Death of a Saleswoman
How Hillary Clinton lost me—and a generation of young voters.
Meghan O'Rourke joined fellow "XX Factor" bloggers in an online chat with readers about Hillary Clinton's feminist dilemma. Seethe transcript.
"That bitter cynicism of yours is something you've acquired since you left Radcliffe."
"That cynicism you refer to I acquired the day I discovered little girls were different from little boys!"
—Lloyd Richards to Karen Richards, and vice versa, All About Eve
In the coming days, as Hillary Clinton moves to the sidelines and Barack Obama takes the stage alone, many people will suggest that America just wasn't ready for a female president. This may be true. But we'll never entirely know, because Clinton did not invite us to spend much time contemplating the momentous fact that she was the first female presidential candidate with any chance of occupying that position. Her problem wasn't that she was a feminist. Her problem was that she wasn't feminist enough.
For me, at least, she wasn't—and for many young women my age. Back in the mid-1990s, as a college student, I spent an afternoon on the New Haven Green, adjacent to Yale University, waiting for Hillary Rodham Clinton to speak. There was a huge crowd of mostly young women. I found her impressive, if not entirely galvanizing. She had a girlish voice and soft, wispy bangs, as I recall, and she struck me as a real person—not merely a wife performing the role of first lady. I remember wondering if she might some day run for president. I also remember feeling that it seemed outside the realm of the imagination.
That's no longer the case. When Clinton announced her candidacy in January 2007, she raised hopes and possibilities in the minds of young women across America. But the substance of her presidential run seems far more dismal than I would ever have imagined back in 1995. You can't be a historic first unless you act like one, and Hillary Clinton has not. In the Wellesley commencement speech that made her famous before she got to Yale Law School, she spoke about "searching for more immediate, ecstatic, and penetrating modes of living." Yet Clinton ran away from the revolutionary aspects of her own candidacy. There's been nothing of the ecstatic in her presidential bid—that mode, instead, has been embodied by Barack Obama. He appealed to voters' desire for liberation and revolution, and on the strength of that appeal won them over.
Clinton didn't trust that the message of revolution embodied in her candidacy could animate American voters, particularly male voters. And she lacked the courage of her young, ecstasy-seeking self. And so she sent the message that gender was not a factor. Presumably, she did this based on the reasonable assumption that it was politically perilous to be a woman. But the paradox is that in taking the safe tack she thought made her more electable, she actually made herself less electable. She presented herself as a hard-bitten Washington insider, running on experience when a lot of American voters, particularly young women, were looking for transformation.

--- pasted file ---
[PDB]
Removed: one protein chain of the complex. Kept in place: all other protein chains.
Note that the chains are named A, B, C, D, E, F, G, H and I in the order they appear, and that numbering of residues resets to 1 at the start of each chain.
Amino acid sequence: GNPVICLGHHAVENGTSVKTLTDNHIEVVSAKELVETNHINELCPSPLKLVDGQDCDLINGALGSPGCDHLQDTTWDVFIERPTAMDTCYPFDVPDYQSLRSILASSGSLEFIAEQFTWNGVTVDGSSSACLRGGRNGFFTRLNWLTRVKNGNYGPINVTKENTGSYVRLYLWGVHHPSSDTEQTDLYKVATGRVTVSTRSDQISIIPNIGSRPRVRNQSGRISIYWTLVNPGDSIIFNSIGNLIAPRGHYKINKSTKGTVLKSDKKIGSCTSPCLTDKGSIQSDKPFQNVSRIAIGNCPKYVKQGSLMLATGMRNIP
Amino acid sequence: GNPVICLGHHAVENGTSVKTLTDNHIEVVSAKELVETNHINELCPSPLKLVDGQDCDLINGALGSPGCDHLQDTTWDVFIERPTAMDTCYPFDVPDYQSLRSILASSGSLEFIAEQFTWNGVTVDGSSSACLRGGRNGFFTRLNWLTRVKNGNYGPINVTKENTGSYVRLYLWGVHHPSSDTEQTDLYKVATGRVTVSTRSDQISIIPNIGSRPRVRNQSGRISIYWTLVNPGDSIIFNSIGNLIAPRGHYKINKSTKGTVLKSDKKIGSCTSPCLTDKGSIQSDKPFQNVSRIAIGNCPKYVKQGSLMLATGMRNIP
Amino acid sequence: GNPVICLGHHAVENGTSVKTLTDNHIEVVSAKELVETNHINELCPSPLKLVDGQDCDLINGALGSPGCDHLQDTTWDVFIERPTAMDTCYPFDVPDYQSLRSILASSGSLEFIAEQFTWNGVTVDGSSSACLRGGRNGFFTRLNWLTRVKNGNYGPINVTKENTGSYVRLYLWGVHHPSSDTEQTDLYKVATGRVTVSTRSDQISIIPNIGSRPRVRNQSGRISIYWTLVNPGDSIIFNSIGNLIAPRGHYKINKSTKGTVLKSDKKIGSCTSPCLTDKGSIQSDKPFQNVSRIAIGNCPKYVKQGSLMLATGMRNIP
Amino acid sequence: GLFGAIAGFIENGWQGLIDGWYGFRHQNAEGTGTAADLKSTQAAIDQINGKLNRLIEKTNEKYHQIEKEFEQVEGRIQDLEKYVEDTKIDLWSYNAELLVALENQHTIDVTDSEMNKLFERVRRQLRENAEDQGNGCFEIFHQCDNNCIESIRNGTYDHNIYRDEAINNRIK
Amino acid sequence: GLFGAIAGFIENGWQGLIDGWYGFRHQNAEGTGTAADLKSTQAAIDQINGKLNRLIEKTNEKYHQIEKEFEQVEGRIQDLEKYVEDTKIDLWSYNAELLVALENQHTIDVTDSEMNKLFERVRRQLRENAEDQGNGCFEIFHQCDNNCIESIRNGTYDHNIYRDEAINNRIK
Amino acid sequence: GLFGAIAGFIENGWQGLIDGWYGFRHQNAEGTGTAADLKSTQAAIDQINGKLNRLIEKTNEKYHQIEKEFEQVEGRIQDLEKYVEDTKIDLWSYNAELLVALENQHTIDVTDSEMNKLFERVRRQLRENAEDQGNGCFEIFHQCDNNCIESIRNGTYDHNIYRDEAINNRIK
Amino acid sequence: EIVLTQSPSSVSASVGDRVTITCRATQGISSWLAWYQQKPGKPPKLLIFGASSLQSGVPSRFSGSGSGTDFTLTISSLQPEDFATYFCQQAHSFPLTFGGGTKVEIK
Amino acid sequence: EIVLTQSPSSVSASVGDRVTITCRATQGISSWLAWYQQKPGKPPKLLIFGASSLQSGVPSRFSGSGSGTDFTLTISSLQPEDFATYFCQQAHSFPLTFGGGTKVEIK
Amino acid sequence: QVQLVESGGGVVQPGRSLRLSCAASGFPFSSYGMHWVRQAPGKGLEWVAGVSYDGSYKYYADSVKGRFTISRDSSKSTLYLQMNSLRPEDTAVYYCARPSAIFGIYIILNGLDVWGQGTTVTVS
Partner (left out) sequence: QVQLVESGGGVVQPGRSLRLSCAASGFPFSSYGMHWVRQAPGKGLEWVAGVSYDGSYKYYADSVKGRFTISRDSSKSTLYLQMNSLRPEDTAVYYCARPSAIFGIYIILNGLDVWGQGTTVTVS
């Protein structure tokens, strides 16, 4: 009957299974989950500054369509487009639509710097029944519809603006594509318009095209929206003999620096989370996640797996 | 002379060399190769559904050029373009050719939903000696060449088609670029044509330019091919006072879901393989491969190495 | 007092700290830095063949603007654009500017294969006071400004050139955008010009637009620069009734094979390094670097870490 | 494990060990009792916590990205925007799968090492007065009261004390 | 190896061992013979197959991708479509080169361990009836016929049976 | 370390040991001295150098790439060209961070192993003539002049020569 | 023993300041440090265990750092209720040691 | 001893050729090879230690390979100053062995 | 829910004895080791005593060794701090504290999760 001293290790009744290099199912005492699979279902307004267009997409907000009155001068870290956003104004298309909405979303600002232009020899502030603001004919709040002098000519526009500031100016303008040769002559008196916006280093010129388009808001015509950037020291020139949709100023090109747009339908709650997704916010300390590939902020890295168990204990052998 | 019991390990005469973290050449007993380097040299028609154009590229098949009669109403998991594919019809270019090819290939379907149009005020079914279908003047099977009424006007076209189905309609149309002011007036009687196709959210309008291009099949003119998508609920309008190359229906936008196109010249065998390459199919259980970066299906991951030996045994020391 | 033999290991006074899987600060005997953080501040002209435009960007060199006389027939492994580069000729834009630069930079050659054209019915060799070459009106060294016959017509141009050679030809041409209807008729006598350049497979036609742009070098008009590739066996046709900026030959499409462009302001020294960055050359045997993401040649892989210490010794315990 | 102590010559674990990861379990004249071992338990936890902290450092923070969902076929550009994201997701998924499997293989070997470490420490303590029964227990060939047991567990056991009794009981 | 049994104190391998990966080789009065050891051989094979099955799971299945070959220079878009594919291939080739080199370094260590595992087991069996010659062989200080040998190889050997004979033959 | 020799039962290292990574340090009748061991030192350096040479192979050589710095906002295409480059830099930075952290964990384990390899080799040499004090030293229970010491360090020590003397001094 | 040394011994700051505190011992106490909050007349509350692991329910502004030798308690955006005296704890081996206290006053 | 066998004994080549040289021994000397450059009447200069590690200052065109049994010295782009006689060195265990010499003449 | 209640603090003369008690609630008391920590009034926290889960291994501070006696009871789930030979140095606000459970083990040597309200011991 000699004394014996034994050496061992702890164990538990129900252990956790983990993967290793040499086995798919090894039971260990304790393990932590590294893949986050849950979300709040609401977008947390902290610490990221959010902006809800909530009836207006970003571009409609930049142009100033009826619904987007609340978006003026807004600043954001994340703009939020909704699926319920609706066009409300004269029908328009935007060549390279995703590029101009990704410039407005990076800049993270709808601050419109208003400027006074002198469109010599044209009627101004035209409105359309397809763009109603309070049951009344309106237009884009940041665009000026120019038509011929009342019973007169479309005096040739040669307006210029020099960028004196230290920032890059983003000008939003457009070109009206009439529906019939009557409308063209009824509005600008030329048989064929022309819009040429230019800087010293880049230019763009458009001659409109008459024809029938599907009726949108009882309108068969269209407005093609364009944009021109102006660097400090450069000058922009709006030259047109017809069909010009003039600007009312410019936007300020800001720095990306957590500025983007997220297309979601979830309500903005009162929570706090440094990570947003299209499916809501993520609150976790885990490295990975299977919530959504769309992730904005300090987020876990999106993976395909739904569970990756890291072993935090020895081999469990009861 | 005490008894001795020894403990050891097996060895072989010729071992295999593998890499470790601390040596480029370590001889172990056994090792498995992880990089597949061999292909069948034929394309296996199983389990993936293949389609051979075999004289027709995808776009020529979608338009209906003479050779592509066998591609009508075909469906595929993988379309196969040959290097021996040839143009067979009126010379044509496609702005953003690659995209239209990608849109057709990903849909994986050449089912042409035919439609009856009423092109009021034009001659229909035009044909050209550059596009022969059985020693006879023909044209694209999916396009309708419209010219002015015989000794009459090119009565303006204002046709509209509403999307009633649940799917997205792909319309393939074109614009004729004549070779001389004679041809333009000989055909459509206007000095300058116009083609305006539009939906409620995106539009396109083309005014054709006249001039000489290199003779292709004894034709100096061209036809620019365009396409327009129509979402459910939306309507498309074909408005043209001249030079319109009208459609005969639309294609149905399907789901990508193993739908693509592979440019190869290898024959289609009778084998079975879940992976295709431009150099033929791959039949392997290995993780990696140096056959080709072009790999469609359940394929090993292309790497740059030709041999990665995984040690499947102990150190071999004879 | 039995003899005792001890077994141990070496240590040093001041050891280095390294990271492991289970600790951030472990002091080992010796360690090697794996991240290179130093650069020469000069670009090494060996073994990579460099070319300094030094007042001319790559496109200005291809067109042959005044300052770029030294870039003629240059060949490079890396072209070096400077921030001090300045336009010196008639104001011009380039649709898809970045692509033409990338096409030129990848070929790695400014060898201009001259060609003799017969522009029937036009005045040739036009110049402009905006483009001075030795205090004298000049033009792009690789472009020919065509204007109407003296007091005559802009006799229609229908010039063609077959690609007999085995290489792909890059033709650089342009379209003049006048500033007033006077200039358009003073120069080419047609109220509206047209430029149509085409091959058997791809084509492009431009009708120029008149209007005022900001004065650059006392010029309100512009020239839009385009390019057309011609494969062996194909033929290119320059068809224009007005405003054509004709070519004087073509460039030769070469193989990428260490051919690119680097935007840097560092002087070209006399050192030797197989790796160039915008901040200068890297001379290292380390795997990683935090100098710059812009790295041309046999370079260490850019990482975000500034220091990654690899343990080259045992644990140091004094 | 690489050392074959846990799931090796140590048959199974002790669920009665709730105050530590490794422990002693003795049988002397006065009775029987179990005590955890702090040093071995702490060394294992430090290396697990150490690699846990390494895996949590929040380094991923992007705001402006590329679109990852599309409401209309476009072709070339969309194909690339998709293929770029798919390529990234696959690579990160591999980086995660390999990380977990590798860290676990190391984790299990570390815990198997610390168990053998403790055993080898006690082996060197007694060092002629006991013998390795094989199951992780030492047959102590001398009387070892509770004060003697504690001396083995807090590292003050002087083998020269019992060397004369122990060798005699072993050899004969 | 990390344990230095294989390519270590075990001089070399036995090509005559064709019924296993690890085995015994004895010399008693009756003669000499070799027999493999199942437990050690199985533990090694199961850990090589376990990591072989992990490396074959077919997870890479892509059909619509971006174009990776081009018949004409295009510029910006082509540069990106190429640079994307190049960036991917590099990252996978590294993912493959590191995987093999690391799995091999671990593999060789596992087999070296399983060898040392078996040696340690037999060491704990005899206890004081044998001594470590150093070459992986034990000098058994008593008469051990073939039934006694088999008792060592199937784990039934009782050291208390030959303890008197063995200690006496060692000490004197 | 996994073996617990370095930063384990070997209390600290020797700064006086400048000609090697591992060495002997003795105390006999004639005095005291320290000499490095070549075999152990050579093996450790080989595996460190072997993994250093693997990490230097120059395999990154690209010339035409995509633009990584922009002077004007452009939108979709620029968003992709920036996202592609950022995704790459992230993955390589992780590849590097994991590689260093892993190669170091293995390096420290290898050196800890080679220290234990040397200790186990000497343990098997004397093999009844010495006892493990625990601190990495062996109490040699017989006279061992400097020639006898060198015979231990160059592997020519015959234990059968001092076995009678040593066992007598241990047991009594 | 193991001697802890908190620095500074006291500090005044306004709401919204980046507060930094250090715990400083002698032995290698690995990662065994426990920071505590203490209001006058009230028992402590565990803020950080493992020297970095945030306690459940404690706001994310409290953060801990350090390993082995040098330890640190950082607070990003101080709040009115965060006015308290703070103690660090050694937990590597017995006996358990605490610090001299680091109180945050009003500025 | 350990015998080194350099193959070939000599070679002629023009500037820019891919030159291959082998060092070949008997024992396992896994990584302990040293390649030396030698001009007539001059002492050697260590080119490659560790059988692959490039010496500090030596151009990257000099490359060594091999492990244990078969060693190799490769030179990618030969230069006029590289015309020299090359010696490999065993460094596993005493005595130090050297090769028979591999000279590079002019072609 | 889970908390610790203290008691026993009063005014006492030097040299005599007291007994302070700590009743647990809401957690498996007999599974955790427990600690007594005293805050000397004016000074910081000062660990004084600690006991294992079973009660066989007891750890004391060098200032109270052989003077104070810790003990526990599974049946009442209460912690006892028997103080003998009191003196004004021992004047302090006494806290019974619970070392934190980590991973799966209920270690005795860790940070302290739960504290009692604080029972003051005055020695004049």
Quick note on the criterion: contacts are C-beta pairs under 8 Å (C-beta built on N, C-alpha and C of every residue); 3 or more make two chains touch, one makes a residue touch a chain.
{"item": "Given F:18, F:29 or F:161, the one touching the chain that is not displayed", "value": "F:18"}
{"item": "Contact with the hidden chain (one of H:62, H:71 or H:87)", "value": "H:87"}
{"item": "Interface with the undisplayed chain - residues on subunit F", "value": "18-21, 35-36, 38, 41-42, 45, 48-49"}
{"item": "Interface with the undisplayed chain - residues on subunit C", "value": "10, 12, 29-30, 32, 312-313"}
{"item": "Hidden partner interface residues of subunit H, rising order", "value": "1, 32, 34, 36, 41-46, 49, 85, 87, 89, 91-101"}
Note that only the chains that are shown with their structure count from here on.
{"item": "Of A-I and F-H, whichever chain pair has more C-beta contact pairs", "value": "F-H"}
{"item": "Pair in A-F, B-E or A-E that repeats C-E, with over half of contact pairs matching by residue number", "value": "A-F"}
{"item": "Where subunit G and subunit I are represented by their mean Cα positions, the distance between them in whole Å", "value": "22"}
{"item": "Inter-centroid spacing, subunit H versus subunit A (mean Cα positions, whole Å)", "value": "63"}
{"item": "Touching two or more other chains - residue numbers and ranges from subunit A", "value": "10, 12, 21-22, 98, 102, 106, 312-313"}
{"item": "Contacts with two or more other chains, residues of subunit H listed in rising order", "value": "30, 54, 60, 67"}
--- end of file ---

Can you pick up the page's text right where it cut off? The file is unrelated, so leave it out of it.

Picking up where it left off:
Obama understood this from early on. Contrast their opening bids: Obama skillfully announced his in Springfield, Ill., with a speech that echoed Abraham Lincoln. Clinton, by contrast, announced hers in a risk-averse video recording on her Web site: "I'm in it to win," she said redundantly. As her campaign progressed, she rarely invoked the historic predecessors that made her candidacy possible—Susan B. Anthony, say, or Jeannette Rankin, a pacifist and suffragette who was the first woman to be elected to Congress (and who always had the courage of her convictions, voting against the First World War). To be sure, Clinton did praise Eleanor Roosevelt's "thick skin"—rather the way one nerd praises another's social-avoidance techniques. It was part of acting as if she were a man inoculated against the slings and arrows of sexism.
In this regard, Clinton never really was the first American matriarch. Instead, she may be best remembered as our last patriarch. The more her campaign floundered as Obama offered ecstasy and she didn't, the more masculine and hard-nosed she made herself out to be. Cannily reversing gender roles, she told Obama supporters that if he couldn't "take the heat" he should "get out of the kitchen"—a subtle put-down of her own gender aimed at working-class male voters who wanted reassurance that Clinton was manlier than the girlie men the Democrats had of late been nominating. Her supporters (among them, Sen. Evan Bayh of Indiana) invoked stories of steelworkers waxing enthusiastic about her "testicular fortitude." While Obama went on rhetorical flights about hope, she compared herself to the hyper-masculine Rocky Balboa—an underdog, to be sure, but a stoic one who keeps getting up. None of this was accidental, even if the source wasn't always Hillary herself. She was "manning up." Over the years, her hair had grown shorter, and her make-up thicker, like a mask. She played the men's game so well that James Carville eventually quipped, "If she gave [Obama] one of her cojones, they'd both have two."
Meghan O'Rourke is Slate's culture critic and an advisory editor. She was previously an editor at The New Yorker. The Long Goodbye, a memoir about her mother's death, is now out in paperback.
Illustration by Charlie Powell.